It was recently announced that around 30% more power was available to developers on the Vita. What does this mean to you, and will it help with anything?
Funnily enough we found this out because of you telling us! I went to ask our programmers if it would help and they had no idea about it at all. Turns out it’s absolutely going to help! The more memory we have, the easier it is to port a game, and of course everything we do on Vita right now is a port, so that’s really important.
When you aren’t busy making games, what Vita games are you playing?
Why all the excellent Curve games, of course! That’s a cop out though; my Vita is basically a Persona machine right now, I finally caught on to the series with 4 only a few months ago so I’m about five years behind the rest of the world with this, but I’m loving the game and the universe.
Andrew House’s recent comments are well documented. As a prominent developer for the Vita, how do you feel about them, or is it business as usual? At what point would you consider ceasing support for the Vita – or does cross buy make it worthwhile?
The status, official or not, of the Vita doesn’t really change our own attitude towards support. All that matters for us is that people are still buying and playing games on the Vita. Cross-Buy is likely going to extend the life of the Vita considerably from this perspective. I’d go as far as to say Cross-Buy is probably the reason why we can still support the PS3; people are happier to buy digital games even on an older console if they know it will work on their PS4 one day.
You recently lost your Design Director, Jonathan Biddle, who took his new project with him and his new indie studio, OneBitBeyond, but you are still working with him to get it onto consoles. Is there any chance that White Space could end up on Vita?
We still work very closely with Bidds and his new projects, things are still way too early to decide on formats yet though, but as always if we can do Vita, we will do Vita.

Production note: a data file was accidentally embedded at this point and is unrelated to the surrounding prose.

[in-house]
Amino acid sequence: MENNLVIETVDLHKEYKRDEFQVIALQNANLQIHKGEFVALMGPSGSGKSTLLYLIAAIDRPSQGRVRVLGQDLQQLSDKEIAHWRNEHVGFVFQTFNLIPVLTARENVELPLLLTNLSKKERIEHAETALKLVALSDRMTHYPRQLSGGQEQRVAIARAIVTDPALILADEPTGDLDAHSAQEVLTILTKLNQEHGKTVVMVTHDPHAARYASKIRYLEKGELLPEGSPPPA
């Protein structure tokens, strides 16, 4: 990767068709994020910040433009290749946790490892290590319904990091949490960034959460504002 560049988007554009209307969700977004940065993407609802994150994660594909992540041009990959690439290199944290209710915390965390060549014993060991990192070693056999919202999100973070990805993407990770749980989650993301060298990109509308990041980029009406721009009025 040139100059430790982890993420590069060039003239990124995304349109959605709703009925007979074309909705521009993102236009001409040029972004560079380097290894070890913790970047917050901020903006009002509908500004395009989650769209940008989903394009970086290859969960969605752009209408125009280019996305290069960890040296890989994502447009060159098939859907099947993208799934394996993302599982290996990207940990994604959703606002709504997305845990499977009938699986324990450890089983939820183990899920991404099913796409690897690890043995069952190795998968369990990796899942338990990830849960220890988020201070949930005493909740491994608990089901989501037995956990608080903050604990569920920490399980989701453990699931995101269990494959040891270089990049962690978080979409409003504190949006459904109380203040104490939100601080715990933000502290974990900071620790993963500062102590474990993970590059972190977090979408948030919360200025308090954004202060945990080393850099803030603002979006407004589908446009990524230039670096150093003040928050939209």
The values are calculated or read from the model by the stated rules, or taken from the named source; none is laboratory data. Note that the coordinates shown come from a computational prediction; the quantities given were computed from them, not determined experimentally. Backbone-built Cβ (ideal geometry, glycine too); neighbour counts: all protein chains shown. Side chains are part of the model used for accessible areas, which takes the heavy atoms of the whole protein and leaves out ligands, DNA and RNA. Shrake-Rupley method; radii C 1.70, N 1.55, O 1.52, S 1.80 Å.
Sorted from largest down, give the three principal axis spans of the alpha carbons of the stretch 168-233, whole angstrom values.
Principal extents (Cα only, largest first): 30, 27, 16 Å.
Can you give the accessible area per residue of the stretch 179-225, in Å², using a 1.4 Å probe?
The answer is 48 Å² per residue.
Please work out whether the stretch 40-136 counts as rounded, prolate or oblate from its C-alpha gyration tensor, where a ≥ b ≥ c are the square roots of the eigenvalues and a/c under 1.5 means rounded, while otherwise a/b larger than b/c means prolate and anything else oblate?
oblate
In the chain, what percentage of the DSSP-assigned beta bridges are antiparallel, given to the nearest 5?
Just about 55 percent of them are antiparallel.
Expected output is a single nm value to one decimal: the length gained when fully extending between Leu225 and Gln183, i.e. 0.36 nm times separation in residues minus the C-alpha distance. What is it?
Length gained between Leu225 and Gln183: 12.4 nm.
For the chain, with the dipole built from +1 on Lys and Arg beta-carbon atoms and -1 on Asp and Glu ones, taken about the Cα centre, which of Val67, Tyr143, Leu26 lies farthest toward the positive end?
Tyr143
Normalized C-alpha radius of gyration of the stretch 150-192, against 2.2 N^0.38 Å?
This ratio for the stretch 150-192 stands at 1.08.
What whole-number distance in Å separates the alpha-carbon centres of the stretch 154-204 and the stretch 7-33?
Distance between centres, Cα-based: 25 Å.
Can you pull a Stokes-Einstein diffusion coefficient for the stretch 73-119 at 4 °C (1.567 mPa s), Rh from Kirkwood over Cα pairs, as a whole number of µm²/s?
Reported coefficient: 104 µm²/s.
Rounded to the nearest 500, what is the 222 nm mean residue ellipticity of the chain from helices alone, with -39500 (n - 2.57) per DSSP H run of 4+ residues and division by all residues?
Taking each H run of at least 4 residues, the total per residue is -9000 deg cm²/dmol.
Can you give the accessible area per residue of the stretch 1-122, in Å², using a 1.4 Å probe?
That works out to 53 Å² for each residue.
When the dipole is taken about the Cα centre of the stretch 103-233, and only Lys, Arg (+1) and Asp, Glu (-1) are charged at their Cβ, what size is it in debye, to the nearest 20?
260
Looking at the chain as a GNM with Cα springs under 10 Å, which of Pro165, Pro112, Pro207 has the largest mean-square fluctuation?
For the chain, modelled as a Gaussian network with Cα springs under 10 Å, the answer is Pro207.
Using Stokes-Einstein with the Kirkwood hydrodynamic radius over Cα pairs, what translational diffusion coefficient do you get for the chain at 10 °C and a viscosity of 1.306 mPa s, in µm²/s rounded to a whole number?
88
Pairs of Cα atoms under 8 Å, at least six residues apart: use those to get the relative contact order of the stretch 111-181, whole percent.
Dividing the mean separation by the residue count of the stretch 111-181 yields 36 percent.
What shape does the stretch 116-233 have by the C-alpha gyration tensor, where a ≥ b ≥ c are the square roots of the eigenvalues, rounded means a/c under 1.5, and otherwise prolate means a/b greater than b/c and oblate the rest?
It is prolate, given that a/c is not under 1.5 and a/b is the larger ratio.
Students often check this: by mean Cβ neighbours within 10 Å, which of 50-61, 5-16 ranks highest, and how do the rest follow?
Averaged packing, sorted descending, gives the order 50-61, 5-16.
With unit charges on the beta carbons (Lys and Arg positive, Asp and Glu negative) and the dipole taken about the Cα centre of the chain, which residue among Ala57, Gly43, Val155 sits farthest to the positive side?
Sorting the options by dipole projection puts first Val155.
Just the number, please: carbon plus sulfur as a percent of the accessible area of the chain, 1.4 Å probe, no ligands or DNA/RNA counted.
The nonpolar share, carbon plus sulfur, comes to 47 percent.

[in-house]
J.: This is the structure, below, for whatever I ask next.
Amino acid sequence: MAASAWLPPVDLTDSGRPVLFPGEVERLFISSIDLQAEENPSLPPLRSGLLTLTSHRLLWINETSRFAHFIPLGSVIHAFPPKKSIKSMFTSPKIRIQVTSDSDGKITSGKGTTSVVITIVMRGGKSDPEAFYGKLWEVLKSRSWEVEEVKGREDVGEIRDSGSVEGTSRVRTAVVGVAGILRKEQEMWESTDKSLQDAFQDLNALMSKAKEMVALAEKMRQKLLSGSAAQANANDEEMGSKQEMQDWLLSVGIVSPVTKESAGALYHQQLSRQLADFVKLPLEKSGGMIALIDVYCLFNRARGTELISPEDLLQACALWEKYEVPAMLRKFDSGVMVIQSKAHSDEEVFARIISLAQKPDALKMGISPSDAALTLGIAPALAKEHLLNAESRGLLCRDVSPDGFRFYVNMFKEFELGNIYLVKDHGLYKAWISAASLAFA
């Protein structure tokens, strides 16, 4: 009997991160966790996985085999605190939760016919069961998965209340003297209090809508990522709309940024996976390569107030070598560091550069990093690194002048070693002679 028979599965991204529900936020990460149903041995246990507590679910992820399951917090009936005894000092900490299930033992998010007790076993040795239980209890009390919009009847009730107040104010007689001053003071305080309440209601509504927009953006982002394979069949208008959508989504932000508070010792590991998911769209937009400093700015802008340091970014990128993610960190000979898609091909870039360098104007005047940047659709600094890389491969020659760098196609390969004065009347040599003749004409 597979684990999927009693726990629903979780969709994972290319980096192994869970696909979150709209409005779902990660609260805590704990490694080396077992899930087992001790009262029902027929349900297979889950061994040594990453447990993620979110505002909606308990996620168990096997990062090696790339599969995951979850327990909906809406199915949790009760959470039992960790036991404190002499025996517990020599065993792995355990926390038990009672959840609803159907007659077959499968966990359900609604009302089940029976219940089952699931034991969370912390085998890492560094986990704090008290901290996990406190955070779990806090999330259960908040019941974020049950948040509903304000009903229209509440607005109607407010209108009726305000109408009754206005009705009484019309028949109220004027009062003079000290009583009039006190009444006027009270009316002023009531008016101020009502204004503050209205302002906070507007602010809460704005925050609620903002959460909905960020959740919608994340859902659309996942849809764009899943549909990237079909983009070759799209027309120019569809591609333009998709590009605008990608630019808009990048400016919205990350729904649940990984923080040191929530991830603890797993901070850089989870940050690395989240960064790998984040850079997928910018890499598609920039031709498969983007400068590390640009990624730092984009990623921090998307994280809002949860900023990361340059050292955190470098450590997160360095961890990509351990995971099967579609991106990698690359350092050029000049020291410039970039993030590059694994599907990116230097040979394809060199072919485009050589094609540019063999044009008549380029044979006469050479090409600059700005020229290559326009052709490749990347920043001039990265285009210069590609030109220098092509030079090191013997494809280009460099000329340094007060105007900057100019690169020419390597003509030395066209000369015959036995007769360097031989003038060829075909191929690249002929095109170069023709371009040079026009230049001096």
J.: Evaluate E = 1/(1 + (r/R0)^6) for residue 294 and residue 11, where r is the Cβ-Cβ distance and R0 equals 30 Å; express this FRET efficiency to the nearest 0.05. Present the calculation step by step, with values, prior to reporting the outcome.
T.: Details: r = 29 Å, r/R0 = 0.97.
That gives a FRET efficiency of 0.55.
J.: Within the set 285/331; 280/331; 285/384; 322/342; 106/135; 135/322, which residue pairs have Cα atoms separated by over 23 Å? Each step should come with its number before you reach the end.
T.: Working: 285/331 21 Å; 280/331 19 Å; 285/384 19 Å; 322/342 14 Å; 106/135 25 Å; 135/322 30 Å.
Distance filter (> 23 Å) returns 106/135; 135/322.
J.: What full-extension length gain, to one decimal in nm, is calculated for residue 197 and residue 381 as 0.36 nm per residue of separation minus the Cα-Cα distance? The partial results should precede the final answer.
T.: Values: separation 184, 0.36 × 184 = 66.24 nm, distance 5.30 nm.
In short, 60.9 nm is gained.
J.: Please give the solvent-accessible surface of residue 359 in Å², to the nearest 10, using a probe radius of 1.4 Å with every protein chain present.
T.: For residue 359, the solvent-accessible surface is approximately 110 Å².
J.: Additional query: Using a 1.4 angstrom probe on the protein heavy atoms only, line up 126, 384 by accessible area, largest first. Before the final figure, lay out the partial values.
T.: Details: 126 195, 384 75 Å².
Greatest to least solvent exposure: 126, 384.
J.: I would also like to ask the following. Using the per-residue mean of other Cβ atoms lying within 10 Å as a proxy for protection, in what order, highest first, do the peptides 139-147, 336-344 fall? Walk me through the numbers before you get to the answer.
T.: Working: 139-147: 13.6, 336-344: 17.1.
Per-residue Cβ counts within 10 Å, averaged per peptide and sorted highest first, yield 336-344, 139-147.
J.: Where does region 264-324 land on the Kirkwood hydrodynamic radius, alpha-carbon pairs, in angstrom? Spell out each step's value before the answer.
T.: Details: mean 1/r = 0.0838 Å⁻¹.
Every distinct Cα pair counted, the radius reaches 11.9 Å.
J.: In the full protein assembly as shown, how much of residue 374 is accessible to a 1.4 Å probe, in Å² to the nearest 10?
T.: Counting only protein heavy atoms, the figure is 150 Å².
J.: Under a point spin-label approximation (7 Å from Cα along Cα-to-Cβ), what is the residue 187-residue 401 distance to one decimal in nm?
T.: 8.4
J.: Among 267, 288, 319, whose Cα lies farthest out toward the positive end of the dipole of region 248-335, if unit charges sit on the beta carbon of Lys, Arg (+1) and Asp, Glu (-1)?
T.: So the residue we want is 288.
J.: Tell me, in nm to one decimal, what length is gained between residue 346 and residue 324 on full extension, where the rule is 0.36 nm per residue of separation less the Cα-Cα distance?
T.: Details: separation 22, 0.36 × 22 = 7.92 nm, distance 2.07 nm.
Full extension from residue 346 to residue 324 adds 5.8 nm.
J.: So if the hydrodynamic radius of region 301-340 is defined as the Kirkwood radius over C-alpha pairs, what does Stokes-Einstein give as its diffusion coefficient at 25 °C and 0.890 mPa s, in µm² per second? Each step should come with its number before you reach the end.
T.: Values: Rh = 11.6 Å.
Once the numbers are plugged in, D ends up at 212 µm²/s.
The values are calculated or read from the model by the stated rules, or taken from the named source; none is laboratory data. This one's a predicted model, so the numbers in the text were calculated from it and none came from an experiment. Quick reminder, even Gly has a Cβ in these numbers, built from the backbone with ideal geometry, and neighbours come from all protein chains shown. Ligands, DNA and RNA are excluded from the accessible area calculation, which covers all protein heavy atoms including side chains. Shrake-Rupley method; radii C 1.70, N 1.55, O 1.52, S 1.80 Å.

Many people may not realise that you actually develop your own titles in addition to porting other studios games, with Stealth Inc. the obvious example. Are you working on anything new internally, or do you plan to in the future?
We’re not working on anything new right now from an original dev perspective, as we have so many different projects to work on this year already! We like to keep the creative side of the company sharp though, so we’re doing Game Jams and generally keeping our minds open about the next steps!
We’ll leave you with one more question. If you could change one thing about either the Vita itself or its interface, what would it be?
I wouldn’t change a single thing about the hardware to be honest, but I’m always really vocal about my personal dislike of the interface. I’ve always loved the old PSP/PS3 interface and how customisable it was, and the bubbles on the Vita always feel at odds to me with the look and feel of the system as a whole.
We would like to thank Rob and Curve for their time with this interview. If you are a fan of the team you’ll probably want to check out Pumped BMX, which is out this week!
This first appeared in the fourth issue of The Vita Lounge Magazine. Look out for more exclusive content in the magazine soon!